Variants on chromosome 6p22.3 associated with blood pressure in the hyperGEN study

Follow-Up of FBPP quantitative trait loci

Jeannette Simino, Gang Shi, Donna Arnett, Ulrich Broeckel, Steven Hunt, Dabeeru C. Rao

Research output: Contribution to journalArticle

9 Citations (Scopus)

Abstract

Background A recent meta-analysis of genome-wide linkage scans of blood pressure (BP) in the large (N = 13,044) Family Blood Pressure Program (FBPP) identified five quantitative trait loci (QTLs) on chromosomes 6, 8, 20, and 21. We conducted follow-up fine mapping studies in 1,251 African (AA) and 1,254 European American (EA) participants of the Hypertension Genetic Epidemiology Network (HyperGEN). Methods Ethnic-specific linear mixed effects models were used to test associations of BP with genotyped and imputed single nucleotide polymorphisms (SNPs) contained in the logarithm of odds (LOD) score ≥2 interval under each of the QTL peaks. We used multipoint variance components models to perform linkage analysis conditional on each significant SNP in the QTL region to see if the SNP explained the QTL. Results Three intergenic SNPs (rs898164, rs2876587, rs6935795) on chromosome 6p22.3 were significantly associated with pulse pressure (using appropriate Bonferroni correction). Conditioning on the significant SNPs reduced the chromosome 6 QTL linkage evidence by 14-30%. Both AAs and EAs exhibited suggestive associations between BP and intronic SNPs on chromosomes 8q24.12 (genes OPG in AAs, SAMD12 in EAs), 20q13.12 (genes SLC13A3 in AAs, SLC12A5 in EAs), and 21q21.1 (genes C21orf34 in AAs, BC039377 in EAs). Conclusions Significant associations with common SNPs explained less than 1/3 of the QTL evidence. Our results cannot refute the hypothesis that rare variants account for most of the statistical evidence for the FBPP linkage peaks. Whole genome resequencing can identify the variants driving the linkage peaks and genome-wide association study (GWAS) hits thereby spurring investigations to deepen our understanding of hypertension pathophysiology.

Original languageEnglish
Pages (from-to)1227-1233
Number of pages7
JournalAmerican Journal of Hypertension
Volume24
Issue number11
DOIs
Publication statusPublished - Nov 2011
Externally publishedYes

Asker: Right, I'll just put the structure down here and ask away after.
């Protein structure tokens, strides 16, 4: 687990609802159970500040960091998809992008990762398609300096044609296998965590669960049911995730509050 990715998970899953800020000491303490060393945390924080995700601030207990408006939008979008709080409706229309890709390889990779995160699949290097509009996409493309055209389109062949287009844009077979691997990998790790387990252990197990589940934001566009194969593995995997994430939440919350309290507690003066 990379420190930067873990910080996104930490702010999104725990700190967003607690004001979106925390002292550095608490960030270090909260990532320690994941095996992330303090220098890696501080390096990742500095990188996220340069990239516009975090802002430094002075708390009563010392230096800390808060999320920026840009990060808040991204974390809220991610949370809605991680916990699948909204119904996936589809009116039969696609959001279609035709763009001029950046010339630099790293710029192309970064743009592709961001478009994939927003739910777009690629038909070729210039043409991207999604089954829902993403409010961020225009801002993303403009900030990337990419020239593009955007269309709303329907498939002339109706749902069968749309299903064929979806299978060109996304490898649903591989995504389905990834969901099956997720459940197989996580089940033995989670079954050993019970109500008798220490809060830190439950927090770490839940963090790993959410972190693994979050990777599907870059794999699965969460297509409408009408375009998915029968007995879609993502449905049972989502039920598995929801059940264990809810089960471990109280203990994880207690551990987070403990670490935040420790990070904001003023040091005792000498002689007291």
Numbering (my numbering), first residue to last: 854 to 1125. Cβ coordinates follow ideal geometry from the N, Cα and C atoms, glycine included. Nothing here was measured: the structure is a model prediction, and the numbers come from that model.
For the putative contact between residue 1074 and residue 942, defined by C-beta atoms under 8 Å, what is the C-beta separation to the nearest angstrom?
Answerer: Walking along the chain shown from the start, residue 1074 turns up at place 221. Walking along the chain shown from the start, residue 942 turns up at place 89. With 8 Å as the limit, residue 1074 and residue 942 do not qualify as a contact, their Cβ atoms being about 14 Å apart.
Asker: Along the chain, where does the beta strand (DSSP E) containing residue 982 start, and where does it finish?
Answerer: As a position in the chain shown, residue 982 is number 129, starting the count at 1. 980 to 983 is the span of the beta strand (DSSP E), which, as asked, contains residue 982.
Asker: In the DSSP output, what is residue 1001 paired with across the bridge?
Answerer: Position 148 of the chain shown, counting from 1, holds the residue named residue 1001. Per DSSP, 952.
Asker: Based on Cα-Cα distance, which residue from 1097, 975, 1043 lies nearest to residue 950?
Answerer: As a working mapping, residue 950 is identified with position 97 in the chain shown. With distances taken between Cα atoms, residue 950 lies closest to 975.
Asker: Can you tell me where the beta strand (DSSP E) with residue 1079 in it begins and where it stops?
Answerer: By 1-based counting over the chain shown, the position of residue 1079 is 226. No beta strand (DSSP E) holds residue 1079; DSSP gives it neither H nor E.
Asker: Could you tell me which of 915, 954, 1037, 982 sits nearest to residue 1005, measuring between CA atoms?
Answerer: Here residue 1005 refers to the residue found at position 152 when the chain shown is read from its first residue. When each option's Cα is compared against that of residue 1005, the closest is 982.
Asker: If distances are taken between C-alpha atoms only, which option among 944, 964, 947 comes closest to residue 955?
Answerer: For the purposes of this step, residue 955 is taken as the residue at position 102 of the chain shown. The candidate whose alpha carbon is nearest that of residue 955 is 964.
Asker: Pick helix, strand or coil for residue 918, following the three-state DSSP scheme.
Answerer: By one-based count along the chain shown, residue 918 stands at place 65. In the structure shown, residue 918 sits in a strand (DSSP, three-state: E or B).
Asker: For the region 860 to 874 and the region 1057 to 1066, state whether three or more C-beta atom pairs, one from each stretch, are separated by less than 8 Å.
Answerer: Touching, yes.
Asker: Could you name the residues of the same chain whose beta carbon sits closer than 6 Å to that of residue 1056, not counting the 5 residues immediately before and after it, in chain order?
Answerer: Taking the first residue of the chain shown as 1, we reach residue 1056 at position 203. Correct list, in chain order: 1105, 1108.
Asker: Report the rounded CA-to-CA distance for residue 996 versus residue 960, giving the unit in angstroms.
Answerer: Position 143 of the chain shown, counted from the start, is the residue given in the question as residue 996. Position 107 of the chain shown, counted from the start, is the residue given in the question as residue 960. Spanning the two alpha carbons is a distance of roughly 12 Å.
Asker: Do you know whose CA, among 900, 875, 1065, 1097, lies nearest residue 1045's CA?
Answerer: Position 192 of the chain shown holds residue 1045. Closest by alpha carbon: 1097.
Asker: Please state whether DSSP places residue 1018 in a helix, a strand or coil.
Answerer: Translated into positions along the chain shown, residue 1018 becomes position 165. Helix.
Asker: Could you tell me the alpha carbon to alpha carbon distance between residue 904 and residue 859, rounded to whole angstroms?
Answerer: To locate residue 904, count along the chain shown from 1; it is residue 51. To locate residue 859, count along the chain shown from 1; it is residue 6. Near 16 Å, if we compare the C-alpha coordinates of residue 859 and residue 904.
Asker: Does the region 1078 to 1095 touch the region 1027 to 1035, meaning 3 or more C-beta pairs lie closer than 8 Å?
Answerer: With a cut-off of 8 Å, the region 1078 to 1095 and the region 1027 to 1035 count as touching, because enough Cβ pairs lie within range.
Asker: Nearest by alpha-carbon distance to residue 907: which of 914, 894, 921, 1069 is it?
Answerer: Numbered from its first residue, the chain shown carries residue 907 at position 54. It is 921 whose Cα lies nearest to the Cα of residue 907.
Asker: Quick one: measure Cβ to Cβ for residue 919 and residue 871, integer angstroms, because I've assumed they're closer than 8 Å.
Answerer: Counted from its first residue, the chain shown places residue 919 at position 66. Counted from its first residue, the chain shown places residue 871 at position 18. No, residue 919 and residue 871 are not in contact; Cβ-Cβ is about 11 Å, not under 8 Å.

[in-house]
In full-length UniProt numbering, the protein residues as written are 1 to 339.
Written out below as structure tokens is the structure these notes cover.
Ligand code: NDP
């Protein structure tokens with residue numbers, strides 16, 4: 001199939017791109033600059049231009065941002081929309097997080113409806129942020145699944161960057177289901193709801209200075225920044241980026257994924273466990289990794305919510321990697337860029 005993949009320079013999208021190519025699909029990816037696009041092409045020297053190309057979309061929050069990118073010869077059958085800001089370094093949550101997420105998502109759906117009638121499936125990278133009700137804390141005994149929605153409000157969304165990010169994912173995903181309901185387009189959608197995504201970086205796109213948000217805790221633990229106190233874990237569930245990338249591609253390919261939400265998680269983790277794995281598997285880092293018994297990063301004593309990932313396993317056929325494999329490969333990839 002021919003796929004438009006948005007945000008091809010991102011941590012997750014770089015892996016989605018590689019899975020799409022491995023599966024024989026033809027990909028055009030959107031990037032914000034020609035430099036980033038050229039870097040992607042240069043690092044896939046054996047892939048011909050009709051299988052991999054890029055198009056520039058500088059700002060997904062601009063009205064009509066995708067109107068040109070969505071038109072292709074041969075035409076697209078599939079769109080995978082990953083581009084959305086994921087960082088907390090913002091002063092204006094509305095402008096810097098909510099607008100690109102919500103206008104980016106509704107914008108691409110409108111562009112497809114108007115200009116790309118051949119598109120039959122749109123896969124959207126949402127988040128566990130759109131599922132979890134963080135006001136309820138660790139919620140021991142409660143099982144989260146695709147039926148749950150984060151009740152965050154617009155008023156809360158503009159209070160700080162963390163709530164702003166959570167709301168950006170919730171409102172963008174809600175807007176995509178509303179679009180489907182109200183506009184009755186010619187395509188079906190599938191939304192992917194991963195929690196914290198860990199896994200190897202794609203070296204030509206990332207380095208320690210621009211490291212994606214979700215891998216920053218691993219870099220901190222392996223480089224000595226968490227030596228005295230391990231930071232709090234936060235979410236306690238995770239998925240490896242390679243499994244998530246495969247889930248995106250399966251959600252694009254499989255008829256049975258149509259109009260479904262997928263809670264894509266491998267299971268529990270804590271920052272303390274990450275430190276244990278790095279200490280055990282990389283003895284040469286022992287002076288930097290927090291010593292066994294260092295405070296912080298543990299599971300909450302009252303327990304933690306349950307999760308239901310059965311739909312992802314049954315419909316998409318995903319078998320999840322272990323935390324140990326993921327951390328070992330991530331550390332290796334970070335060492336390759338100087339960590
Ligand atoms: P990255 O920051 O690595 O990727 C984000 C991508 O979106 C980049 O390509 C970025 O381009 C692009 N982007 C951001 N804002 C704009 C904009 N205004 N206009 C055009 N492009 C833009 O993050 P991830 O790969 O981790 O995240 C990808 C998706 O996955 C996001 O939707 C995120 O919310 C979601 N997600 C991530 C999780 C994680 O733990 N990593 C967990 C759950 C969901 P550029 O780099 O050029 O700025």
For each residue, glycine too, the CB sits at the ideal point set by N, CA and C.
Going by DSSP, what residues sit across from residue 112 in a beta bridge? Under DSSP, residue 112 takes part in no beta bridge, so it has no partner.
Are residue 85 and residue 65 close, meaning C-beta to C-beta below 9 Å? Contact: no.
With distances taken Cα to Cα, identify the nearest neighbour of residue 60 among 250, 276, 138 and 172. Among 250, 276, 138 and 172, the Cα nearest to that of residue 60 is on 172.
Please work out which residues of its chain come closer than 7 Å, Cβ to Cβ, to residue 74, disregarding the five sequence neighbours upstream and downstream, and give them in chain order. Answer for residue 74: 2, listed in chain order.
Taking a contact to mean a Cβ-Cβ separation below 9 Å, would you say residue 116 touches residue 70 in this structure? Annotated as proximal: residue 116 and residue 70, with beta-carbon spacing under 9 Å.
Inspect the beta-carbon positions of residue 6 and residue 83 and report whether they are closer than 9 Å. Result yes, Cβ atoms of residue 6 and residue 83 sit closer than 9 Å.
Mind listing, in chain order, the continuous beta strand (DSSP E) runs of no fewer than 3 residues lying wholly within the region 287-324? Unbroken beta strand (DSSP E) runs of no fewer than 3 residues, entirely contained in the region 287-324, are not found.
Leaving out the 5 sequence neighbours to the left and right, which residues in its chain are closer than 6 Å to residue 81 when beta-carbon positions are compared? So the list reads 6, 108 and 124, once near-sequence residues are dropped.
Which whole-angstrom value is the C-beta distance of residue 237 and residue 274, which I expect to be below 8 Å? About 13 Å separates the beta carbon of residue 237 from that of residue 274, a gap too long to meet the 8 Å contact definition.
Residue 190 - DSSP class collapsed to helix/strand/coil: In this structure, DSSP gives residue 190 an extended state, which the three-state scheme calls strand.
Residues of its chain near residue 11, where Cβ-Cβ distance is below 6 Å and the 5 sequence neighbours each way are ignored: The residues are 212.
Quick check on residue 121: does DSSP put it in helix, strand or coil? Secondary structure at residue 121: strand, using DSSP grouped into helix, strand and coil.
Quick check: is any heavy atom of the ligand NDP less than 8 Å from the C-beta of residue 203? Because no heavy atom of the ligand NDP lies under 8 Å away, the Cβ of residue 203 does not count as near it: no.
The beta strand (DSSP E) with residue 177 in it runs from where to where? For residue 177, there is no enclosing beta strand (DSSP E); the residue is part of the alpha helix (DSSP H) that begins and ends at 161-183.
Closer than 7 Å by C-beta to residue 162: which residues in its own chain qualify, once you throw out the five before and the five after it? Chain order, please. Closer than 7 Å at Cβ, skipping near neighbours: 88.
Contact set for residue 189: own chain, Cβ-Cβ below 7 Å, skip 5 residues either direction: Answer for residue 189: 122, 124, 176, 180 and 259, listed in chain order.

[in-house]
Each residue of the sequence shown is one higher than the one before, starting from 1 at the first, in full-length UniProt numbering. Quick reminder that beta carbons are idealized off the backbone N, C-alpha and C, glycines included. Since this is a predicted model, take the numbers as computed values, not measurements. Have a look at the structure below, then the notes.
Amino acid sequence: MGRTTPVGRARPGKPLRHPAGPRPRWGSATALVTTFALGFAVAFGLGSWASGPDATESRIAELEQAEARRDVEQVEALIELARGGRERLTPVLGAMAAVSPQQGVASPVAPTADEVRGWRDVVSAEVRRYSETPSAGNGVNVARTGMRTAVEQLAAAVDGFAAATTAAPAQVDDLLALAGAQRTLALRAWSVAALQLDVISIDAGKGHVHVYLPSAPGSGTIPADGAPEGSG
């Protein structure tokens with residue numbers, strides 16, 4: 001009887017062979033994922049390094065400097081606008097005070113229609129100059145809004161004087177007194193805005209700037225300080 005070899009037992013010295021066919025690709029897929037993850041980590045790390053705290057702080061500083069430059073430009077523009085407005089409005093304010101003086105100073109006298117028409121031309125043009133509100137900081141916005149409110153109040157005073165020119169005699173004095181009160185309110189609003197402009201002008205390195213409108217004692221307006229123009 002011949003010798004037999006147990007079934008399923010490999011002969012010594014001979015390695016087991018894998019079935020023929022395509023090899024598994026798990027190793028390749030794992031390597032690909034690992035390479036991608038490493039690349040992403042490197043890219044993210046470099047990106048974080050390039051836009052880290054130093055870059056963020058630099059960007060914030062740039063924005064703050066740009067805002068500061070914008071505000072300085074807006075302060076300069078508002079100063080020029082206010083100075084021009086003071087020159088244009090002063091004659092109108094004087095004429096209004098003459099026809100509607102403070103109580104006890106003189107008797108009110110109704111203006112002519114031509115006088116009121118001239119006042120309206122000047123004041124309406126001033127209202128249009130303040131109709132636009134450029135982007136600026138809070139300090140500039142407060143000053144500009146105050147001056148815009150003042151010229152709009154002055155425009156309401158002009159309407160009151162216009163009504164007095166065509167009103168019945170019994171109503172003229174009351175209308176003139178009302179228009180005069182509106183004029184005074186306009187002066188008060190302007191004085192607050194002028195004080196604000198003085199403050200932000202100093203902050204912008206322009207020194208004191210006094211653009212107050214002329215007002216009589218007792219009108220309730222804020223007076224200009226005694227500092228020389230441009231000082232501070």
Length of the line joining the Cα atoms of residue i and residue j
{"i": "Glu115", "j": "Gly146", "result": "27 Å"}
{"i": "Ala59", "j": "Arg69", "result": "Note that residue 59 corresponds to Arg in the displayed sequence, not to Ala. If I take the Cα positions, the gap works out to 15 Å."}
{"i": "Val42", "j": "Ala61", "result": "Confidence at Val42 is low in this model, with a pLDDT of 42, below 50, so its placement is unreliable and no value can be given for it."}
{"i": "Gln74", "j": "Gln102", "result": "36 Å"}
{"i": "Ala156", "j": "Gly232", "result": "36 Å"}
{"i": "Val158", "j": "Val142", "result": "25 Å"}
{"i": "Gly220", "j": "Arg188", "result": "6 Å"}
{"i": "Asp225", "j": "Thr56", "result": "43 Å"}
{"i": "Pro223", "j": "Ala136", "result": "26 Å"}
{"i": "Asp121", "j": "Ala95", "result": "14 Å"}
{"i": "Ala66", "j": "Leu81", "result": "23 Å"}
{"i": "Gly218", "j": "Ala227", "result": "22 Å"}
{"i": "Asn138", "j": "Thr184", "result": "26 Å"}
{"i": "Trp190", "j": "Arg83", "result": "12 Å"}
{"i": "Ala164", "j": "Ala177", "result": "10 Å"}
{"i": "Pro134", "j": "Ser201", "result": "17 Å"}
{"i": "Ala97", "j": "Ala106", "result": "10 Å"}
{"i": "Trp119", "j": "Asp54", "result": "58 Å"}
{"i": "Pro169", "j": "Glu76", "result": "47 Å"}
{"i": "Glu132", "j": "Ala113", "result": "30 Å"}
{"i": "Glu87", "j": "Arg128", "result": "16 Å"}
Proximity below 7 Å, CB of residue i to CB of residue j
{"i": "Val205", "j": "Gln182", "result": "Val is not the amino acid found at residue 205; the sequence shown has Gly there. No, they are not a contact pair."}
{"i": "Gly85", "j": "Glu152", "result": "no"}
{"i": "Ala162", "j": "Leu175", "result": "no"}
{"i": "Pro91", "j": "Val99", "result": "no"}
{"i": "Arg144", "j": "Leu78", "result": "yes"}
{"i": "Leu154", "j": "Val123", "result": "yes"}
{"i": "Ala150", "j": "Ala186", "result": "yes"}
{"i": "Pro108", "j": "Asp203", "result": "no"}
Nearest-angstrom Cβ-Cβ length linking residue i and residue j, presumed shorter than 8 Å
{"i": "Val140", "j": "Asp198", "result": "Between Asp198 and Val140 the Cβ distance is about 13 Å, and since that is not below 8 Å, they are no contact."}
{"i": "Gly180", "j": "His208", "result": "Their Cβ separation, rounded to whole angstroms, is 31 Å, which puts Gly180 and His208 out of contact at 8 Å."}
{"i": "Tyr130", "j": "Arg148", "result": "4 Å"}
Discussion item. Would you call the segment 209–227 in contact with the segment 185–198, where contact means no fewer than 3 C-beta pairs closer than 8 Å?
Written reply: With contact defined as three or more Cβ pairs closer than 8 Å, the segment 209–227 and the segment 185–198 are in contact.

Fingerprint

Quantitative Trait Loci
Single Nucleotide Polymorphism
Chromosomes
Blood Pressure
Chromosomes, Human, Pair 6
Genome
Genes
Hypertension
Chromosomes, Human, Pair 8
Molecular Epidemiology
Genome-Wide Association Study
Meta-Analysis

Keywords

  • blood pressure
  • fine mapping
  • genetics
  • GWAS
  • hypertension
  • SNP

ASJC Scopus subject areas

  • Internal Medicine

Cite this

Variants on chromosome 6p22.3 associated with blood pressure in the hyperGEN study : Follow-Up of FBPP quantitative trait loci. / Simino, Jeannette; Shi, Gang; Arnett, Donna; Broeckel, Ulrich; Hunt, Steven; Rao, Dabeeru C.

In: American Journal of Hypertension, Vol. 24, No. 11, 11.2011, p. 1227-1233.

Research output: Contribution to journalArticle

Simino, Jeannette ; Shi, Gang ; Arnett, Donna ; Broeckel, Ulrich ; Hunt, Steven ; Rao, Dabeeru C. / Variants on chromosome 6p22.3 associated with blood pressure in the hyperGEN study : Follow-Up of FBPP quantitative trait loci. In: American Journal of Hypertension. 2011 ; Vol. 24, No. 11. pp. 1227-1233.
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abstract = "Background A recent meta-analysis of genome-wide linkage scans of blood pressure (BP) in the large (N = 13,044) Family Blood Pressure Program (FBPP) identified five quantitative trait loci (QTLs) on chromosomes 6, 8, 20, and 21. We conducted follow-up fine mapping studies in 1,251 African (AA) and 1,254 European American (EA) participants of the Hypertension Genetic Epidemiology Network (HyperGEN). Methods Ethnic-specific linear mixed effects models were used to test associations of BP with genotyped and imputed single nucleotide polymorphisms (SNPs) contained in the logarithm of odds (LOD) score ≥2 interval under each of the QTL peaks. We used multipoint variance components models to perform linkage analysis conditional on each significant SNP in the QTL region to see if the SNP explained the QTL. Results Three intergenic SNPs (rs898164, rs2876587, rs6935795) on chromosome 6p22.3 were significantly associated with pulse pressure (using appropriate Bonferroni correction). Conditioning on the significant SNPs reduced the chromosome 6 QTL linkage evidence by 14-30{\%}. Both AAs and EAs exhibited suggestive associations between BP and intronic SNPs on chromosomes 8q24.12 (genes OPG in AAs, SAMD12 in EAs), 20q13.12 (genes SLC13A3 in AAs, SLC12A5 in EAs), and 21q21.1 (genes C21orf34 in AAs, BC039377 in EAs). Conclusions Significant associations with common SNPs explained less than 1/3 of the QTL evidence. Our results cannot refute the hypothesis that rare variants account for most of the statistical evidence for the FBPP linkage peaks. Whole genome resequencing can identify the variants driving the linkage peaks and genome-wide association study (GWAS) hits thereby spurring investigations to deepen our understanding of hypertension pathophysiology.",